Since 2011, cross-sectional and longitudinal data of student (Germany, Russia, China) and representative (Germany, Russia, USA) samples are continuously collected and analyzed (total N ≈ 40,000). Various methodological approaches are used to clarify the influence of different research methods and to provide insights into the transcultural measurement invariance of the investigated constructs and instruments.

First results show that life satisfaction, resilience, optimism, subjective happiness and social support have a salutogenic effect cross-culturally, and at the same time act as a buffer against negative effects of stress and psychopathological symptoms.

Predictive power of positive mental health

Positive mental health (PMH) is more than the absence of mental disorder: Elements of both can coexist – they are correlated, but partially independent. Combining cross-sectional and longitudinal designs, we investigated the predictive power of PMH as well as depression, anxiety and stress in a transcultural research program (China, Germany, Russia, USA, total N≈40,000). Across cultures, PMH is a major buffer against the pathogenic effects of daily stress and negative social influences and a strong predictor of the remission of emotional disorders and suicidal behavior above and beyond all other variables. Substantial transcultural differences point to divergent trajectories of mental health across the life-span (e.g., increasing in Germany, decreasing in Russia). Moreover, differences in personal values are related to mental health in meaningful ways. Overall, longitudinal analyses show that salutogenic factors (overall PMH as well as resilience, optimism, happiness, social support, self-efficacy) positively influence both overall well-being and mental problems.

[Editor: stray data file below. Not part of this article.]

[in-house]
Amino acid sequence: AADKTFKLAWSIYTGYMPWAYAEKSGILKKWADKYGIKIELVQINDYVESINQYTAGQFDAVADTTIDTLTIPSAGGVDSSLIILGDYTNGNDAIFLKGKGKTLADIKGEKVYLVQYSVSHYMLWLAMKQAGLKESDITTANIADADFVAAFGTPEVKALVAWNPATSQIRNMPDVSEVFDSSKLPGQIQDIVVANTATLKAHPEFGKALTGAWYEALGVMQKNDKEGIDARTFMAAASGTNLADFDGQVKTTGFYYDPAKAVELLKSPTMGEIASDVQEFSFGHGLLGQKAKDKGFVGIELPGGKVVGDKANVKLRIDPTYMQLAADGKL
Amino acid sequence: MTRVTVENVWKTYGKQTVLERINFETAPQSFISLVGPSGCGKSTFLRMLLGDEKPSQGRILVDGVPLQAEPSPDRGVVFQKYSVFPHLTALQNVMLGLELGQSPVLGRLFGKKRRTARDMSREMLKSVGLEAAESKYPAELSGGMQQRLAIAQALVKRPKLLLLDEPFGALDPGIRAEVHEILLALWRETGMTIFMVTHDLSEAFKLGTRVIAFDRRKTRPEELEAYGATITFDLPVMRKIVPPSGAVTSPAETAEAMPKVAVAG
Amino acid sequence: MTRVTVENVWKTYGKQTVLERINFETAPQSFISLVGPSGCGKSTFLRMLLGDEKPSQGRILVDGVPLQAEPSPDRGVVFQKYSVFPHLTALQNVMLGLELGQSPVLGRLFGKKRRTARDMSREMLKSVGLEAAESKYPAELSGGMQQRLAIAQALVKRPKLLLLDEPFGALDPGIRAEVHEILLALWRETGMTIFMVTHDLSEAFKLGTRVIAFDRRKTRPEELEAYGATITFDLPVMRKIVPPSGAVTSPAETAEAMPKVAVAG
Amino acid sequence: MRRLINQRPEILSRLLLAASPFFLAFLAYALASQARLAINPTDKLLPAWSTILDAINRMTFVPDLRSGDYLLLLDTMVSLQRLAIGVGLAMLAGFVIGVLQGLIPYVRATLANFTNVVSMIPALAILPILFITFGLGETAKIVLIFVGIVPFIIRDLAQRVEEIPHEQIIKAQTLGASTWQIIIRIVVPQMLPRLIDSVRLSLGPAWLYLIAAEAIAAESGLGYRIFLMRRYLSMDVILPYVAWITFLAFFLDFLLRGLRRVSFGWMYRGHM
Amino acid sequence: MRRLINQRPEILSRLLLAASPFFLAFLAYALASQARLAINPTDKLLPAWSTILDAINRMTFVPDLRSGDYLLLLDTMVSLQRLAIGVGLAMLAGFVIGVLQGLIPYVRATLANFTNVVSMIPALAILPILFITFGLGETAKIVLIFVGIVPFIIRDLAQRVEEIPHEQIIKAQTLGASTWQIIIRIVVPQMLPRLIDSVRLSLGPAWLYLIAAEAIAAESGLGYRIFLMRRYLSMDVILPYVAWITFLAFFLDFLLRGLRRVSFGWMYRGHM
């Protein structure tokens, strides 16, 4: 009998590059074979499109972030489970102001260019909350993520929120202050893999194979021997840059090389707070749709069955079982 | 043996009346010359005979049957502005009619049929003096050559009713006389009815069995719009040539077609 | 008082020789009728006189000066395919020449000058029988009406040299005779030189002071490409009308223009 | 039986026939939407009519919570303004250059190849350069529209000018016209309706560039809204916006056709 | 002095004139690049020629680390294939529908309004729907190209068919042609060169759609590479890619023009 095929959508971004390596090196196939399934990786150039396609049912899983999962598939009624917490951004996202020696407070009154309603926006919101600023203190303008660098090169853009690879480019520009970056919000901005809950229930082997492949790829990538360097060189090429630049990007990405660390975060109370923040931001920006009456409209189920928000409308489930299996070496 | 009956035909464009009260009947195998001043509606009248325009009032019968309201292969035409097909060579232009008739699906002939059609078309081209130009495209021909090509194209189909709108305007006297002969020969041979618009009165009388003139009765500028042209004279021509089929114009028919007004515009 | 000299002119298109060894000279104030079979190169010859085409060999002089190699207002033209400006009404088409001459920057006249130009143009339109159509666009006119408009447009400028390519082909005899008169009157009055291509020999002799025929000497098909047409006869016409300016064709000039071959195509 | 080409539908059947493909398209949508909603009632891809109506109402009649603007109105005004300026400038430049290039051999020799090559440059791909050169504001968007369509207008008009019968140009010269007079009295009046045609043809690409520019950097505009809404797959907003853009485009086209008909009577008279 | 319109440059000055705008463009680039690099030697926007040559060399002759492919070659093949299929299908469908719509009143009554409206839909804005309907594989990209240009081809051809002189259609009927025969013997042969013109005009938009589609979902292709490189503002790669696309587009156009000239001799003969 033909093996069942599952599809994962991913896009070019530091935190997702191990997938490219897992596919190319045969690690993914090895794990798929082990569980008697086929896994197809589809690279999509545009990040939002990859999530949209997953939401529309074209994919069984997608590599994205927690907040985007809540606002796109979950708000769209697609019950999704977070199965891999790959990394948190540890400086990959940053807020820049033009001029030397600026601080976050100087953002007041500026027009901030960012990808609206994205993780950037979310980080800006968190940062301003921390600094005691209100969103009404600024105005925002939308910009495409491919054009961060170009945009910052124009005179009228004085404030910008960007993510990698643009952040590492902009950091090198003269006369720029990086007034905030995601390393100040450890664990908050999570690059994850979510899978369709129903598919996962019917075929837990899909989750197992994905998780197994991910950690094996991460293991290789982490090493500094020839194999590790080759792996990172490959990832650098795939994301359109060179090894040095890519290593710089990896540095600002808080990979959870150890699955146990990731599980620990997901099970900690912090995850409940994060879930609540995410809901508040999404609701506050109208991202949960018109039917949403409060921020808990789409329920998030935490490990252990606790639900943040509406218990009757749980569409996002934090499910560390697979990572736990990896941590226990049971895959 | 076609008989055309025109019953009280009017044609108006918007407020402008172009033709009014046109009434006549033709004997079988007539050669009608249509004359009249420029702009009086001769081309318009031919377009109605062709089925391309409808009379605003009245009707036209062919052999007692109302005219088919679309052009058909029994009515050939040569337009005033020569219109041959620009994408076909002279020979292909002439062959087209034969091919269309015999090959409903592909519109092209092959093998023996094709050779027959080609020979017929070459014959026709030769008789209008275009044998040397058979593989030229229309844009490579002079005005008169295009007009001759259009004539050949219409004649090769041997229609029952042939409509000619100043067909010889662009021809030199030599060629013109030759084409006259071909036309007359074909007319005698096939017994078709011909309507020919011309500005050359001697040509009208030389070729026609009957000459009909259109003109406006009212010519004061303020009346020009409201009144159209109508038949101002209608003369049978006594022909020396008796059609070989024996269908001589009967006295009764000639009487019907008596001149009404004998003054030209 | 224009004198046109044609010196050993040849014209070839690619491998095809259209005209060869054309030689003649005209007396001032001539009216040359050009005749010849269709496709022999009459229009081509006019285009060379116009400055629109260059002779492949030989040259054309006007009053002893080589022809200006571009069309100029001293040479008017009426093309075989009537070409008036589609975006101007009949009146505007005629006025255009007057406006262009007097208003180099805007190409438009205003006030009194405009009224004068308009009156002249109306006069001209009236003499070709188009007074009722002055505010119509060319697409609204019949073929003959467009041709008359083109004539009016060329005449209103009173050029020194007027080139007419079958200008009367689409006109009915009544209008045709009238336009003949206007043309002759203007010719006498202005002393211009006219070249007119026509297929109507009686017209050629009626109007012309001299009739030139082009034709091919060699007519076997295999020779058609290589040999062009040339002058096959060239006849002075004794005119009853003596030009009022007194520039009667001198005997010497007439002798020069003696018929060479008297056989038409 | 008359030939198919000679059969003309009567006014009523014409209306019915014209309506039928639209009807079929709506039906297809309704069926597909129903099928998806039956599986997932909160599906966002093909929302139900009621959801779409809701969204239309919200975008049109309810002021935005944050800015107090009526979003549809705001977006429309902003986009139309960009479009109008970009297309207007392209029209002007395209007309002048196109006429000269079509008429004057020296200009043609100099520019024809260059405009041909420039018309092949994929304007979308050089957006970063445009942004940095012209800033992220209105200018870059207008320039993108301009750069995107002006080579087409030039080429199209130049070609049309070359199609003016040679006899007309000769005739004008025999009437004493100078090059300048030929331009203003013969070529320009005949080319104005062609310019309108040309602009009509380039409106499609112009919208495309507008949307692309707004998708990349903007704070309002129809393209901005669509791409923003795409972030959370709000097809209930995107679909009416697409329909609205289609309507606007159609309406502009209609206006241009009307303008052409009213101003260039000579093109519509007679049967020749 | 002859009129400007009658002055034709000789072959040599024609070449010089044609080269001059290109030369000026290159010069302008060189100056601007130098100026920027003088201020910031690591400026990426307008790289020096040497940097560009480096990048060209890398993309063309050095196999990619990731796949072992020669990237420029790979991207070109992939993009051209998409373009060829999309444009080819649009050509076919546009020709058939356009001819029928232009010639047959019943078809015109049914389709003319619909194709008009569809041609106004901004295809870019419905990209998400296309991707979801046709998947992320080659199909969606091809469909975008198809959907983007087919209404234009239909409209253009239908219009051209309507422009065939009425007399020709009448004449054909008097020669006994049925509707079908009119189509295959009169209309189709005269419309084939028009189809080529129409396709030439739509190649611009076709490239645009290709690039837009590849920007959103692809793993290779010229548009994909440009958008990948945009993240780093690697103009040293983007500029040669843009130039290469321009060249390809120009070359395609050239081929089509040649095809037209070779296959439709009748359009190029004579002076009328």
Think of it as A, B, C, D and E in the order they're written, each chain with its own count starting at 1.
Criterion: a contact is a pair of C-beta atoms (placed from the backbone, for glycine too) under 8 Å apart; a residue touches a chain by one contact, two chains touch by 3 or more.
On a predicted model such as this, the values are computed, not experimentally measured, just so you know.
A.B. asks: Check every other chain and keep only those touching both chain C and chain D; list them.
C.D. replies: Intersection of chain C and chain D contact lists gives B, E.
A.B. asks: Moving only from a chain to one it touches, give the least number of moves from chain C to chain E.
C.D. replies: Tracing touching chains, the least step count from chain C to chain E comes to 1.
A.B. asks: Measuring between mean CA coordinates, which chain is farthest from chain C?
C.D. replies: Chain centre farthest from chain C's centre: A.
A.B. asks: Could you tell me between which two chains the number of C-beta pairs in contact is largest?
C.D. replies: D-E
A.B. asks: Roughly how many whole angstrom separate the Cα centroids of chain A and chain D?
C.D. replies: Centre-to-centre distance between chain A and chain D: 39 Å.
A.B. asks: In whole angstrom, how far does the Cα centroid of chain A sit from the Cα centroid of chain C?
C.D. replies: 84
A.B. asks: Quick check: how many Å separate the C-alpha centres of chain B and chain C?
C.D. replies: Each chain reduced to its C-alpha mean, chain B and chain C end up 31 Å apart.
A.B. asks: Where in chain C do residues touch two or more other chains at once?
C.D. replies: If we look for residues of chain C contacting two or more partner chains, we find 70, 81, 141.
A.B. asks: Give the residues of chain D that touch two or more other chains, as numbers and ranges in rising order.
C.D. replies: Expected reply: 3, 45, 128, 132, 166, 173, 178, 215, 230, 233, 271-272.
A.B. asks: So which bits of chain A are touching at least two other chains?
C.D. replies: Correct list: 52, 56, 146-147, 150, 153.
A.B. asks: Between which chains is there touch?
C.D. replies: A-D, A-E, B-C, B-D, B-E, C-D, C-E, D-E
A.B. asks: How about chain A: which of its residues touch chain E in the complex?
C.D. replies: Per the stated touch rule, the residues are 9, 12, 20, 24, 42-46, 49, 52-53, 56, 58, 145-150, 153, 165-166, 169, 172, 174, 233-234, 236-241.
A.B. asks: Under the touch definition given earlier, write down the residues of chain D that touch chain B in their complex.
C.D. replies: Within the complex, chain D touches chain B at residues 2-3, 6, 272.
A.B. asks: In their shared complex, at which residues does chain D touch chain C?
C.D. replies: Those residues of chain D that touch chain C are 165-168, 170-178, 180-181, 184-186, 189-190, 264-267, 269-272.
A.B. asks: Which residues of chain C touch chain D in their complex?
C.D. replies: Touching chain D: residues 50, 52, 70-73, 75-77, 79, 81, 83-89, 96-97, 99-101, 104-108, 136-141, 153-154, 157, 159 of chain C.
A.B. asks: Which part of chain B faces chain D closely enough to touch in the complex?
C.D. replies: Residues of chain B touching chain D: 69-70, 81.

Positive mental health in children and adolescents

In this working group, we develop measurement instruments for age-sensitive assessment of mental health. The development of mental health is particularly studied in the context of parental health. The aim is to provide interventions to promote mental health.


PMH-Kids: Development and validation of the positive mental health scale for children

Principal Investigator and Team

Prof. Dr. Silvia Schneider
Prof. Dr. Jürgen Margraf
M.Sc. Michael W. Lippert
M.Sc. Johanna Schoppmann
M.Sc. Anna-Luisa Kranhold




Started in November 2020